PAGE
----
Elizabeth R. “Libby” Sido, who was a support to her physician husband — and one of his biggest promoters — as he rose to prominence in the Toledo medical community, died Tuesday in Flower Hospital. She was 92.
Her health failed after she fell and a broke a hip several days earlier, her daughter Martha Nordstrom said.
Mrs. Sido and her husband, Dr. Gregor Sido, moved to Swan Creek Retirement Village in 2005. He died June 26, 2008.
The couple, formerly of Sylvania and Ottawa Hills, moved to Toledo in 1949. He established a family practice and “worked his way into the medical community, and my mother was extremely supportive,” their daughter said.
“I think she was the social being of the couple, and she joined the organizations,” Ms. Nordstrom said. “They were new in Toledo. They didn’t know anybody here. She promoted him in her very elegant gracious way. She would never be pushy, ever.”
The couple supported the Toledo Symphony and Toledo Opera and had season tickets. She was a member of the auxiliaries of Flower Hospital and the Academy of Medicine of Toledo and Lucas County. When Flower moved from the Old West End to Sylvania, she was asked to reorganize the auxiliary for the hospital’s new home and became the group’s president, said Jean Scherbarth, another auxiliary member.
“She was the most delightful person to work with you could ever imagine,” said Mrs. Scherbarth, whose late husband, Dr. Rolland Scherbarth, was head of the family practice residency program at Flower. “She was very organized and everything worked very well.”
Mrs. Sido ran the family finances and made sure the family home ran smoothly. She also kept the books for her husband’s office.
She was a Scout leader for her daughters and son. She helped her children with their music lessons. And she was a member of the American Association of University Women. She was Mobile Meals volunteer for more than 30 years and helped organize functions at Epworth United Methodist Church, where she was a 63-year member.
“She was an absolute love — wonderfully kind and sympathetic and empathic for those less fortunate,” said Ellie Brunner, a longtime friend. “The next time I come around, I want to be just like Libby Sido.”
Mrs. Sido and Mrs. Brunner, both Epworth members, volunteered for many of the same causes and for decades belonged to the same women’s bridge club.
“God, church, country, family were paramount,” said Mrs. Brunner, whose late husband, James, was a philanthropist and chairman of the marketing department at the University of Toledo’s college of business administration. “We devoted our lives to our husbands and children and, outside the home, we did all the wonderful charitable things, school [volunteer] work, all the fund drives. That was a woman’s role back then.”
Mrs. Sido’s husband played an important early part in what became the Medical College of Ohio. He was on the study committee in the early 1960s that led to the chartering of the Toledo Area Medical College and Education Foundation. After a long day at his practice, he attended many late meetings.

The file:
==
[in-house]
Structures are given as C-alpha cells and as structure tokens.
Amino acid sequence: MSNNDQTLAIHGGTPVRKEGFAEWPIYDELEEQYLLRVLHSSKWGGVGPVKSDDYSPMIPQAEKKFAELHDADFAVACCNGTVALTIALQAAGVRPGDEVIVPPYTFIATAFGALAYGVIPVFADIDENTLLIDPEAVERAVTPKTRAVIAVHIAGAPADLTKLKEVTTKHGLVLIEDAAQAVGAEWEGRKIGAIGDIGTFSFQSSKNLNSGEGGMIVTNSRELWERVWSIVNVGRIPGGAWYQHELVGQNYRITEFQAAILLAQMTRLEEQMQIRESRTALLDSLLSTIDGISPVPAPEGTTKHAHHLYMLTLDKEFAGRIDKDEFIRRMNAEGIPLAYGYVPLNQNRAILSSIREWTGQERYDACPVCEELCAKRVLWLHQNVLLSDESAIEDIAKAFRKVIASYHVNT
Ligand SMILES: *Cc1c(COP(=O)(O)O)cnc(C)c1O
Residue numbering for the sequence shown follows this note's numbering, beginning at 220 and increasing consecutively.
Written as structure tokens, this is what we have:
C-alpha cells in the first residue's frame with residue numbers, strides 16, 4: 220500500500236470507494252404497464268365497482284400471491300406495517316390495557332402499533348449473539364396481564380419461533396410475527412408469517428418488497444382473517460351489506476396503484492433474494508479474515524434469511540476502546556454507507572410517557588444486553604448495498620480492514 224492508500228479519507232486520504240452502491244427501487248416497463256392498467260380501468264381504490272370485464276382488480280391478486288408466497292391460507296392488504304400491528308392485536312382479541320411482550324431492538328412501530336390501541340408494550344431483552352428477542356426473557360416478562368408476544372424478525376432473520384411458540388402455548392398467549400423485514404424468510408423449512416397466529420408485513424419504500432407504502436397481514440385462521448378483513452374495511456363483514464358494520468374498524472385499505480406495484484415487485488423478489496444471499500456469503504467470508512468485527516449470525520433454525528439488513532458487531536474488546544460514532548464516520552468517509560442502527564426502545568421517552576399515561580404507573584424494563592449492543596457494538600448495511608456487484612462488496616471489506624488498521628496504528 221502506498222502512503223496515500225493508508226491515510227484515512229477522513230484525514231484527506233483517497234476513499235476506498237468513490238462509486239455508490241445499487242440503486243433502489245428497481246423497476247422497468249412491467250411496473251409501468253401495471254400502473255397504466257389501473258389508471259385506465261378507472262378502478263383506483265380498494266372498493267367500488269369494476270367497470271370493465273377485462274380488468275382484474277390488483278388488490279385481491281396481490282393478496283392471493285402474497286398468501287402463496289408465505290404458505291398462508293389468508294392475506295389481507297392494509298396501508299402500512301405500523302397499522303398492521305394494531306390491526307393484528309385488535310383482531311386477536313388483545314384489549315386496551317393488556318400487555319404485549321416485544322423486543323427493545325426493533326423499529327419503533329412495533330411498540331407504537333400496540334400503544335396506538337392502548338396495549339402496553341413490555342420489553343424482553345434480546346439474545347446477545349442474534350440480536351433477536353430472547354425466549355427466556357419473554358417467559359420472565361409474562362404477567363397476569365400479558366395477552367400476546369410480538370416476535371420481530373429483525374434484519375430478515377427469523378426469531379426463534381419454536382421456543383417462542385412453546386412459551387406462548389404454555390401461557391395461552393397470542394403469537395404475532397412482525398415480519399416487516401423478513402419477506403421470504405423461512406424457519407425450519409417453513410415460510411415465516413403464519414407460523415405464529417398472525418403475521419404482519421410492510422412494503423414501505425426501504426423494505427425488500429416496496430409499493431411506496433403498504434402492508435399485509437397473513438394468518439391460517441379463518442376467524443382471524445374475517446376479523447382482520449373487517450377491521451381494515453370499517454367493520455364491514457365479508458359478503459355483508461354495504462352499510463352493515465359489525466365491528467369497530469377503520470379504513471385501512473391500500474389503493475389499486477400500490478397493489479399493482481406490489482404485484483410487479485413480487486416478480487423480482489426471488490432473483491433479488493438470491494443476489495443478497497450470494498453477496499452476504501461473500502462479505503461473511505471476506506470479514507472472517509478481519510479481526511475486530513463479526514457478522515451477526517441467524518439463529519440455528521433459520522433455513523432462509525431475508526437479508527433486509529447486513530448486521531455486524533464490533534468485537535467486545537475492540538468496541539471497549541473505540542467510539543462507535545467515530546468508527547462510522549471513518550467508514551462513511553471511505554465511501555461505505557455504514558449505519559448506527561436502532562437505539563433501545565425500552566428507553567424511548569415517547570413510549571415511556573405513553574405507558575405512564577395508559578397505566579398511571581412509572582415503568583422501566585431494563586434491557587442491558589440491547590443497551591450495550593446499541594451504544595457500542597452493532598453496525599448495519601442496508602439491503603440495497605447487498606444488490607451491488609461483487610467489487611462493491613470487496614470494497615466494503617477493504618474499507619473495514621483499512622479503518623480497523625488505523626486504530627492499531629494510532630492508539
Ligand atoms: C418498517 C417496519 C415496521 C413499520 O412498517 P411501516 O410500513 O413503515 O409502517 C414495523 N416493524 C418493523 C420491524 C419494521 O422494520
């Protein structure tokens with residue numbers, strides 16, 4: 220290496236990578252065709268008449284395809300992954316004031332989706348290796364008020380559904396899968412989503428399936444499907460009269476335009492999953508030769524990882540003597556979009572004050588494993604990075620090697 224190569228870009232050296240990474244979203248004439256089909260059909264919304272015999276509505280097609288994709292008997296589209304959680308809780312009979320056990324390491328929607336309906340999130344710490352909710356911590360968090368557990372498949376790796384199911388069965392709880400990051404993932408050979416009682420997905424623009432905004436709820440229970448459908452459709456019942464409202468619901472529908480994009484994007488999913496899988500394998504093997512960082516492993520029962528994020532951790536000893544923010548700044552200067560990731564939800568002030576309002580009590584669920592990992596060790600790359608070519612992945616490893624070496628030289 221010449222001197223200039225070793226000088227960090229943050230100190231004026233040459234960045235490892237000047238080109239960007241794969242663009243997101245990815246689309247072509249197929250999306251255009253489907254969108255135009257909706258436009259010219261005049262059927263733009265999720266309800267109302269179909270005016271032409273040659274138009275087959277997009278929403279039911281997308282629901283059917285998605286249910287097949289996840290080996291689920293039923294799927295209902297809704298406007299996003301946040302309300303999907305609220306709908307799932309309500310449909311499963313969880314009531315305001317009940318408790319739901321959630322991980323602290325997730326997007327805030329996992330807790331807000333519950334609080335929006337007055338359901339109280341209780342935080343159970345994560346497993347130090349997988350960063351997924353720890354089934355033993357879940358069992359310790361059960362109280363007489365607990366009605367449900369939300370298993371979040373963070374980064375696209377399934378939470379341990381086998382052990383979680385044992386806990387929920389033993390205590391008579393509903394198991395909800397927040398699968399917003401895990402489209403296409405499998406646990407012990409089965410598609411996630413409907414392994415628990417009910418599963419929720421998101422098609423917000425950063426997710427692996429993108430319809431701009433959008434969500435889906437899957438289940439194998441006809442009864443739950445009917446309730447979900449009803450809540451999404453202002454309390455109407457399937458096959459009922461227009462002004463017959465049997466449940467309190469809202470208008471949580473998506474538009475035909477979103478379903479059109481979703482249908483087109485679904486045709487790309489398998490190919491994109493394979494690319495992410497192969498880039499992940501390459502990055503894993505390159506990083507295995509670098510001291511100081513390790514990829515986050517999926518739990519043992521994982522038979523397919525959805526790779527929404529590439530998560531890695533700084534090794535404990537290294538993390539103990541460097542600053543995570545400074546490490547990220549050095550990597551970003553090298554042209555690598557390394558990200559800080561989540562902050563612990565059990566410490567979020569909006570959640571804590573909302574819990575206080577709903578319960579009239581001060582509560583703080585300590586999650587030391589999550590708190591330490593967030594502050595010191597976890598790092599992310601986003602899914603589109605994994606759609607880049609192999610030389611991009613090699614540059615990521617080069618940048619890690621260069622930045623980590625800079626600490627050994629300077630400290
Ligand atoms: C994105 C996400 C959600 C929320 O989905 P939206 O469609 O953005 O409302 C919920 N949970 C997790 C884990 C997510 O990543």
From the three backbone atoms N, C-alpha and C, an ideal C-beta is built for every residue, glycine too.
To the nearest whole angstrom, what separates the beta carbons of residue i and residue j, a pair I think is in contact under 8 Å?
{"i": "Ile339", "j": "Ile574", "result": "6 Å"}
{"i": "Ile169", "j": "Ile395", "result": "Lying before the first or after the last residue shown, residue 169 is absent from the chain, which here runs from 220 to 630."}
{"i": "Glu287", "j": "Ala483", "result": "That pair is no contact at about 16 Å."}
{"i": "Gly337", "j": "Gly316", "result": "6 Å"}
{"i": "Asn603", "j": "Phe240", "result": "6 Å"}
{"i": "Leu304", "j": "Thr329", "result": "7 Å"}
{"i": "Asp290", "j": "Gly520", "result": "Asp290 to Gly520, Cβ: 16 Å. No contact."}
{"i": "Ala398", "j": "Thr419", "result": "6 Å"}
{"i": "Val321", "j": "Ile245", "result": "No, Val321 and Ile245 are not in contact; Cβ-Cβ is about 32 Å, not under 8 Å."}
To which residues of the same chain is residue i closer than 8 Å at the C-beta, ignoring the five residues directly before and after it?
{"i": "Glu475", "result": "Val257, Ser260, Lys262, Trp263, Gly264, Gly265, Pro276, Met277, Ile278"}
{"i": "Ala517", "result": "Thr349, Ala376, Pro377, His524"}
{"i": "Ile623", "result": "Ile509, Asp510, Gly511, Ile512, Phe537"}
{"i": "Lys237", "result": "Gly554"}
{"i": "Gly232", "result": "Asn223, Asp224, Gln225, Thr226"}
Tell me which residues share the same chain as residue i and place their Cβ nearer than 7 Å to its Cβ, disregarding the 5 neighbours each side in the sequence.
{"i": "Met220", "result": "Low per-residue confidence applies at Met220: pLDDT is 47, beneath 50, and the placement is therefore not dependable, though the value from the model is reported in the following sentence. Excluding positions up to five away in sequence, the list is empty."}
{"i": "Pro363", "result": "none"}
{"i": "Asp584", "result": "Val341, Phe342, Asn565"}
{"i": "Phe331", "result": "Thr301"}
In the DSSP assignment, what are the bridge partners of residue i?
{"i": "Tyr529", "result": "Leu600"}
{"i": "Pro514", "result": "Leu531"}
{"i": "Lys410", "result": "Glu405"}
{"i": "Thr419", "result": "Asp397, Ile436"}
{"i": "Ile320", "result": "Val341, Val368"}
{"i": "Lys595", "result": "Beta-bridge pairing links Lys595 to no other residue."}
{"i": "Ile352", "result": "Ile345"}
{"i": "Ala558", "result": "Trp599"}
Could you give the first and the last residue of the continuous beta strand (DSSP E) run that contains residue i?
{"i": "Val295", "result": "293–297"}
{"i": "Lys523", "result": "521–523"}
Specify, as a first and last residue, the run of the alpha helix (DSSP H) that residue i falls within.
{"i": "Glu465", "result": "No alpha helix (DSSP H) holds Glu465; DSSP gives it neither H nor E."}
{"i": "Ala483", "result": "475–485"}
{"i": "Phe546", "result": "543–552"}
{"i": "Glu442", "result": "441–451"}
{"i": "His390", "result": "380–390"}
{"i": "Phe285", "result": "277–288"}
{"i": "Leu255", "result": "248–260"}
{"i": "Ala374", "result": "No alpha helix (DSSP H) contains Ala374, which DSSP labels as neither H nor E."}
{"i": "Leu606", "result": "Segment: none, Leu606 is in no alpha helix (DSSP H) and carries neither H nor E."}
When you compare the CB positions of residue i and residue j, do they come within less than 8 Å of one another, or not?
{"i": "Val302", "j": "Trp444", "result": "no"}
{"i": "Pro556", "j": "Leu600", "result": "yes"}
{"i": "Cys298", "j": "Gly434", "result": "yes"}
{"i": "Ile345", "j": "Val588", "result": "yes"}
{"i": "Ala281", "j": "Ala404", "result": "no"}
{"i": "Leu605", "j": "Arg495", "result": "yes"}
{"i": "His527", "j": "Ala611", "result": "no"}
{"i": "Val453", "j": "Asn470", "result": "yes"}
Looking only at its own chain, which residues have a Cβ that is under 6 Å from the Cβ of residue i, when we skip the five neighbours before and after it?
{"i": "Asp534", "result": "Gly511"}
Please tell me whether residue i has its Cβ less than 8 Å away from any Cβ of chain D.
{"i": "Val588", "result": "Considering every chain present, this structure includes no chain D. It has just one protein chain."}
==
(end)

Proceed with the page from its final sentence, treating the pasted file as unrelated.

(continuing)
“She was an independent woman. She didn’t have to have him home at any time,” daughter Martha said. “She was very proud of him. We all were.”
She drove the children to Illinois for visits to her family and her husband’s. Her aim as she planned the annual summer vacation was to expose her family to sites of historical import and natural wonder.
She was an organizer of the Indian Trail Garden Club in Ottawa Hills. When her husband retired, the couple took a six-week European vacation timed to the growing season, arriving in the Netherlands to see fields of tulips in bloom and in England for the Chelsea Flower Show.
The couple enjoyed ballroom dancing at events sponsored by the Cotillion Club, of which they were members.
She was born Aug. 17, 1920, in Olney, Ill., to Miriam and C. Clyde Rice and grew up in Effingham, Ill. She was a band member at the local high school and continued to play flute at DePauw University — where she met her husband in a chemistry class.
She continued her studies at Washington University in St. Louis and was a medical technologist at what is now Barnes-Jewish Hospital while her soon-to-be husband attended medical school at St. Louis University.
The Sidos married Dec. 18, 1944, a Monday, after Dr. Sido finished his fall semester exams.
She remembered what it was like to be new in town, and the Sidos often invited interns to Thanksgiving dinner and other family functions.
“[She] wanted people to feel welcome and happy,” daughter Martha said. “She just made people happy around her. She would reach out to others. She wanted to include them.”
Surviving are her daughters, Anne Germana, Martha Nordstrom, and Amy Stallfus; son, Philip Sido; 13 grandchildren, and 10 great-grandchildren.
Memorial services are to be at 1 p.m. Saturday in Reed Chapel at Swan Creek Retirement Village. Arrangements are by the Bersticker-Scott Funeral Home.
The family suggests tributes to Epworth United Methodist Church or the Life Care Commitment fund at Swan Creek.
Contact Mark Zaborney at: email@example.com or 419-724-6182.